3 Things I Learned About Writing: Analyzing Go Set a Watchman

This reoccurring column takes the classic writing advice “good writers are good readers” and puts it to work, by looking at books across all time periods and all genres to find techniques that we can apply in our own work. This installment examines the most controversial book of this summer: Harper Lee’s Go Set a Watchman.

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 1. Geography is an important character influence.

 “There was no finer young man, said the people of Maycomb, than Henry Clinton. Jean Louise agreed. Henry was from the southern end of the county.” 

This is the absolute first thing the reader learns about Henry, who becomes a large character throughout the book. We are told where he is from. Whenever you try to describe a friend to someone, the first thing you say is usually the thing that sums up your friend the most: “He’s really funny,” “she’s always kind,” “he’s a writer.” We are told that Henry is from the south end of Maycomb county. The implications of this place are revealed throughout the novel. Where Henry was from sums up his character enough that it is the first thing we know about him, other than that he is a good person. That’s important. Let place reveal aspects of your character.

(Listen to agents define what makes a writer an ideal client.)

go-set-a-watchman-book-cover Hannah-haney-writer

Column by Hannah Haney, a regular contributor to the GLA blog
and to Writer’s Digest. She is the Managing Editor for Relief Journal
and has been published in The Cincinnati Enquirer and Writer’s Digest.
In her free time, she reads good books, 
eats good food, and writes bad
poetry. You can follow her on
 Twitter or on her blog.

2. Showing versus telling makes all the difference in the world.

 “Jean Louise put her elbows on the table and ran her fingers through her hair. Something was the matter with him [Jack Finch]. He was deliberately making some eloquent unspoken plea to her, he was deliberately keeping off the subject.”

As writers, we get beaten over the head about showing vs. telling, but it really does make a difference. In the paragraphs surrounding this passage, we see prime examples of Jack Finch evading the question. He goes on about the history of the South, whether or not slavery was the primary reason behind the Civil War, and the duties of government, when Jean Louise is simply trying to ask him why she saw her father at a citizens’ council meeting. The reader clearly knows that Dr. Finch is avoiding her question. When Lee tells us rather than just showing us, it’s feel as though we aren’t trusted as readers to understand what’s happening. Always choose showing over telling. Seeing Dr. Finch skirt around the question is much more powerful than having it told to us.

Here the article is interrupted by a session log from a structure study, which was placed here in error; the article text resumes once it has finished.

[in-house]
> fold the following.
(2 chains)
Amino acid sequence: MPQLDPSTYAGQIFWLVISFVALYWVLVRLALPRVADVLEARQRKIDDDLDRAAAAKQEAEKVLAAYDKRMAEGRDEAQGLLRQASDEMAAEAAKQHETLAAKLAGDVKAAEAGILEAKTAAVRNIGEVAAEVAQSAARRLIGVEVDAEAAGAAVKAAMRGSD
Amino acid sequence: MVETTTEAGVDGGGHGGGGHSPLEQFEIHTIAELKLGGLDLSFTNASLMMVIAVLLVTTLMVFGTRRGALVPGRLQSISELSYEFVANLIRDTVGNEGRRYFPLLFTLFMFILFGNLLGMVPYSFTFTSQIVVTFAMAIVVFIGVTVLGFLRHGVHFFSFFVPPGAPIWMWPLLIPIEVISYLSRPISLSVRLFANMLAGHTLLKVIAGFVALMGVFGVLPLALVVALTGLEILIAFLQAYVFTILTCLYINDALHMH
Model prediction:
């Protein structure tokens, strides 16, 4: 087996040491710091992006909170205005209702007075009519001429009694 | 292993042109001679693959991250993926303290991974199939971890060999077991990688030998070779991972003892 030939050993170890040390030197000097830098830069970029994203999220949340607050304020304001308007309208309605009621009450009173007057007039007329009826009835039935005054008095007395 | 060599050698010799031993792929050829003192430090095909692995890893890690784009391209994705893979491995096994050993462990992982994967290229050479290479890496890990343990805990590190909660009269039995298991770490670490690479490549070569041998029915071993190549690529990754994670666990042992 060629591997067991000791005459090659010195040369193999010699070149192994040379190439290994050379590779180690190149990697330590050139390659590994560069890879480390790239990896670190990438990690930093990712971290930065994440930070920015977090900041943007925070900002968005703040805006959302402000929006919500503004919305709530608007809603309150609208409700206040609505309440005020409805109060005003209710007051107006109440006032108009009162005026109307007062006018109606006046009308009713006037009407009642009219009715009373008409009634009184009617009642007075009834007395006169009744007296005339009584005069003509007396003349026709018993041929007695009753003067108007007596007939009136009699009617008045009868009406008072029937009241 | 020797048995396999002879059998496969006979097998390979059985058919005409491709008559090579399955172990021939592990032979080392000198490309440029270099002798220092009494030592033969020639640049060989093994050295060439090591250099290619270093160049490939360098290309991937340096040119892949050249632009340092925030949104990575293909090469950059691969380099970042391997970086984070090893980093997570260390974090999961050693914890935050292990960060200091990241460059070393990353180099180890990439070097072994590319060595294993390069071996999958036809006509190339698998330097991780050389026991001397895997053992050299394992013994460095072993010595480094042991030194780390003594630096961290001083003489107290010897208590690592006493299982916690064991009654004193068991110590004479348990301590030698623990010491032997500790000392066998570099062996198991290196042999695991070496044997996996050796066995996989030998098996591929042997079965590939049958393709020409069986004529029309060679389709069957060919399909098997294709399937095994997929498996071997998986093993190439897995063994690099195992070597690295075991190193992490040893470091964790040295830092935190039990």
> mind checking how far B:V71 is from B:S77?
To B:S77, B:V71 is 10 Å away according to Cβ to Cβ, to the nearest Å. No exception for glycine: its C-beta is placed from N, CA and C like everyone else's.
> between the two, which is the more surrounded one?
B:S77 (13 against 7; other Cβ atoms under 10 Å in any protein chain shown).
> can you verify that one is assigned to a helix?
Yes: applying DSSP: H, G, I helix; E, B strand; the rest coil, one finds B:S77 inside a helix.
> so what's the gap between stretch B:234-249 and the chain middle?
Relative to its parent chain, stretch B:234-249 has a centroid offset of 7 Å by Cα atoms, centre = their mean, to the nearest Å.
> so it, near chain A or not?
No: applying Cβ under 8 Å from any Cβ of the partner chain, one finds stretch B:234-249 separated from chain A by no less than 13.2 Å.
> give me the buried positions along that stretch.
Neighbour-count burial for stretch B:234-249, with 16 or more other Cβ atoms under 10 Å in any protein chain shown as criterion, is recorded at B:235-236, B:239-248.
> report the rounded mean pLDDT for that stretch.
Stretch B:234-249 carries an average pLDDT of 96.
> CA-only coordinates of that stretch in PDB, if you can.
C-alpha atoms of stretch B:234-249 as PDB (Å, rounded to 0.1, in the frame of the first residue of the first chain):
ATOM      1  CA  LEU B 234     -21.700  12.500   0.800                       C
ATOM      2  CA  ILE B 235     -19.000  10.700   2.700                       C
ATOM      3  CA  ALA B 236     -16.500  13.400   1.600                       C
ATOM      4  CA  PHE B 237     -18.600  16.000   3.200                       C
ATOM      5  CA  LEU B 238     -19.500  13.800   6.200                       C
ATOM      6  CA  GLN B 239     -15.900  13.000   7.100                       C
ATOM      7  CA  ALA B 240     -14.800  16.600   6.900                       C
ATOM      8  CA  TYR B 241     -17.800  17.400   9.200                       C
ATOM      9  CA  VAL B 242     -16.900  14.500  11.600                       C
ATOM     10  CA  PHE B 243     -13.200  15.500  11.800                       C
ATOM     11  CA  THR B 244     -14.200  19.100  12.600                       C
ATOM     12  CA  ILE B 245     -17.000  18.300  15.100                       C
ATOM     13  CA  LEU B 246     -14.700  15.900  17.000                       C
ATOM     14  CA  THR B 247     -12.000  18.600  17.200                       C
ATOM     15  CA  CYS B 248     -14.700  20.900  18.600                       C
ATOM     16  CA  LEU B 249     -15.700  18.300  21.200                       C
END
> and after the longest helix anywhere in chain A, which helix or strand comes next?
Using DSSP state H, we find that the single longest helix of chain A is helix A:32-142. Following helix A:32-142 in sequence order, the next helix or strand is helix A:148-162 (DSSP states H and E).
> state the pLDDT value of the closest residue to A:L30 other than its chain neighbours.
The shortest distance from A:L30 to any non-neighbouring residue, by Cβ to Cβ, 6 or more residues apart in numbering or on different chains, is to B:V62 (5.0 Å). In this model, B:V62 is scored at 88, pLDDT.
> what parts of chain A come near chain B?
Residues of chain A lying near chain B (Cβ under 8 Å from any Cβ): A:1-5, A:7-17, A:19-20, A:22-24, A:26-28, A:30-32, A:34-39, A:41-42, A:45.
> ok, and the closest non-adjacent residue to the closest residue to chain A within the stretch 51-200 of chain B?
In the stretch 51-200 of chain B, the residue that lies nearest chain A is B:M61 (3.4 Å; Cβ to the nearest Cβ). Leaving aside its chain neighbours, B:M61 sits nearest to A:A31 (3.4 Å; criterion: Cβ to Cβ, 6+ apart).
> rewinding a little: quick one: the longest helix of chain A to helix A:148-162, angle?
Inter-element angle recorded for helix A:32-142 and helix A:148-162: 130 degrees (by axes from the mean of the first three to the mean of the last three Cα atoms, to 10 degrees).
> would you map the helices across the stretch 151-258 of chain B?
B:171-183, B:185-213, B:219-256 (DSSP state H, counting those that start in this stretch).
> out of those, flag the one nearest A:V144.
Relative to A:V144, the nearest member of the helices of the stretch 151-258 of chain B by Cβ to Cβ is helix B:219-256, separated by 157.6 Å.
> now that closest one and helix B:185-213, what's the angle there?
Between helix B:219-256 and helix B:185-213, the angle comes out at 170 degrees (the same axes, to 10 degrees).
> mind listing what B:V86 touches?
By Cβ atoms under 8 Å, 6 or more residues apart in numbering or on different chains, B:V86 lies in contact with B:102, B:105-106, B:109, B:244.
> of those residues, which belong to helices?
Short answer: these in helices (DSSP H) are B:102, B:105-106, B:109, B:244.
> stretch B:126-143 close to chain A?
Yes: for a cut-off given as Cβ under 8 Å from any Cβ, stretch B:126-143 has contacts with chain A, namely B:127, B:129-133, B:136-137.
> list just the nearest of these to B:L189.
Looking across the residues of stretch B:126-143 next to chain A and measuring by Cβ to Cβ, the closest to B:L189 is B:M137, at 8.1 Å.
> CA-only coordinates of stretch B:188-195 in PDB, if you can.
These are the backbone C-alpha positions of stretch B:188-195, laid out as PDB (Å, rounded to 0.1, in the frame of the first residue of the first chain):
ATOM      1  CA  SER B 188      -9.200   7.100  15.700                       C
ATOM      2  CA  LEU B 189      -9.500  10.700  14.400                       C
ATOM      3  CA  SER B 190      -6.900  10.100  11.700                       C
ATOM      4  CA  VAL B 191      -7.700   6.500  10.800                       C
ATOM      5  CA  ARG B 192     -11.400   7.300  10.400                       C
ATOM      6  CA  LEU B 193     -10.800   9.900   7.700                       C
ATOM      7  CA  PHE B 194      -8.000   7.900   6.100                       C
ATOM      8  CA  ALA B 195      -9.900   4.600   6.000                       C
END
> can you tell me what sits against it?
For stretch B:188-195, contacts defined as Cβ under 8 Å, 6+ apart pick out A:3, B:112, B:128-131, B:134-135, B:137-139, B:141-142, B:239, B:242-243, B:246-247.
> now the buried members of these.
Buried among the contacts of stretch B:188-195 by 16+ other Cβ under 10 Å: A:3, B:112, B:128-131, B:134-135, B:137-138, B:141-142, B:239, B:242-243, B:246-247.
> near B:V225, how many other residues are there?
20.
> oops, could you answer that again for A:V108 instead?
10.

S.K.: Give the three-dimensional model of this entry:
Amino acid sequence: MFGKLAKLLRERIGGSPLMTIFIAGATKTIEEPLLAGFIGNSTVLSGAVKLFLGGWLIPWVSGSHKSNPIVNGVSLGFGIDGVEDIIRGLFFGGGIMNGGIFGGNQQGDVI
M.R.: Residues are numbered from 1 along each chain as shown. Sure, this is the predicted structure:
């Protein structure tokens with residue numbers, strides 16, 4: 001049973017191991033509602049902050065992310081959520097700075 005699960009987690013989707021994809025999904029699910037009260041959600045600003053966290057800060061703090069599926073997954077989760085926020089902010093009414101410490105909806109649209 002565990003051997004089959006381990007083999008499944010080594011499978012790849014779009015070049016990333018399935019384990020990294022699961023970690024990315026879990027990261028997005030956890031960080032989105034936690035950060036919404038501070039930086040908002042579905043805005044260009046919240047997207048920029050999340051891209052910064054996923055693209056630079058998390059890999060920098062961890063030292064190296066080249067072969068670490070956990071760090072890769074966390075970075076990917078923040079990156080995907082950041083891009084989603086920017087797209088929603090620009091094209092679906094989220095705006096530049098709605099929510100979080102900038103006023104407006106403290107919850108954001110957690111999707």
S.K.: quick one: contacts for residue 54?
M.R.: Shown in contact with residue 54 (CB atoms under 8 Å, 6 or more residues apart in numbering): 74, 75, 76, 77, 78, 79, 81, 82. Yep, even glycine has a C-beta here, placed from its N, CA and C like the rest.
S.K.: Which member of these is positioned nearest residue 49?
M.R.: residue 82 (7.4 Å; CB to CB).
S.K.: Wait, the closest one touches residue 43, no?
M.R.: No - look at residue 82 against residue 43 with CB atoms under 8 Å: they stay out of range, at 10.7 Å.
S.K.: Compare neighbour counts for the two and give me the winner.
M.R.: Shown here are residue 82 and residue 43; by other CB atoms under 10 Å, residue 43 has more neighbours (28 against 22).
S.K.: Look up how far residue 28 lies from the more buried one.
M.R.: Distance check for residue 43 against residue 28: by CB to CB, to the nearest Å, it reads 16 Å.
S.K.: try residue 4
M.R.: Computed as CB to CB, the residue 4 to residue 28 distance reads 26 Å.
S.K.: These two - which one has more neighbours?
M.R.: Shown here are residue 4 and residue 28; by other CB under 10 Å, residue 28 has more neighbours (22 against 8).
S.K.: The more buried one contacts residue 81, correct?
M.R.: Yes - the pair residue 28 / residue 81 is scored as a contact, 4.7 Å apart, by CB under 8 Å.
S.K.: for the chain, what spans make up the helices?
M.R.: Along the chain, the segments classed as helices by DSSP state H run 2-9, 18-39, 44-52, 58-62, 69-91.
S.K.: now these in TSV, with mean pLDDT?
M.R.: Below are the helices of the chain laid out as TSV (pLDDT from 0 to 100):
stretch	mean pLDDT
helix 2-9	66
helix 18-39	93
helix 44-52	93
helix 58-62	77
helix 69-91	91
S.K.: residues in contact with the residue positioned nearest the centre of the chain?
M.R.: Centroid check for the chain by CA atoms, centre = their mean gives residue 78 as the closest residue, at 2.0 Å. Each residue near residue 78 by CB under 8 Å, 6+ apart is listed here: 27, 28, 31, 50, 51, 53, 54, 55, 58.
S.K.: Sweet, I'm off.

3. Revise, revise, revise. And then revise again.

“Originally written in the mid-1950s, Go Set a Watchman was the novel Harper Lee first submitted to her publishers before To Kill a Mockingbird. Assumed to have been lost, the manuscript was discovered in late 2014.” — harpercollins.com

Go Set a Watchman is the first draft of To Kill a Mockingbird. It reads like a draft. There are random flashbacks that aren’t always relevant and several information dumps. Tay Hohoff, Lee’s editor, looked in the manuscript and found the story that Lee was truly trying to tell. She found that when Harper wrote in the perspective of a child, her voice flourished. The two revised and revised and eventually published a book that sells more than a million copies each year. Never be afraid of revision. If your manuscript is struggling, find your Tay Hohoff—be it agent, editor, writing group, or friend. Look for the story you are trying to tell. Don’t give up. Revise and revise again.

(Can writers query multiple agents at the same agency?)

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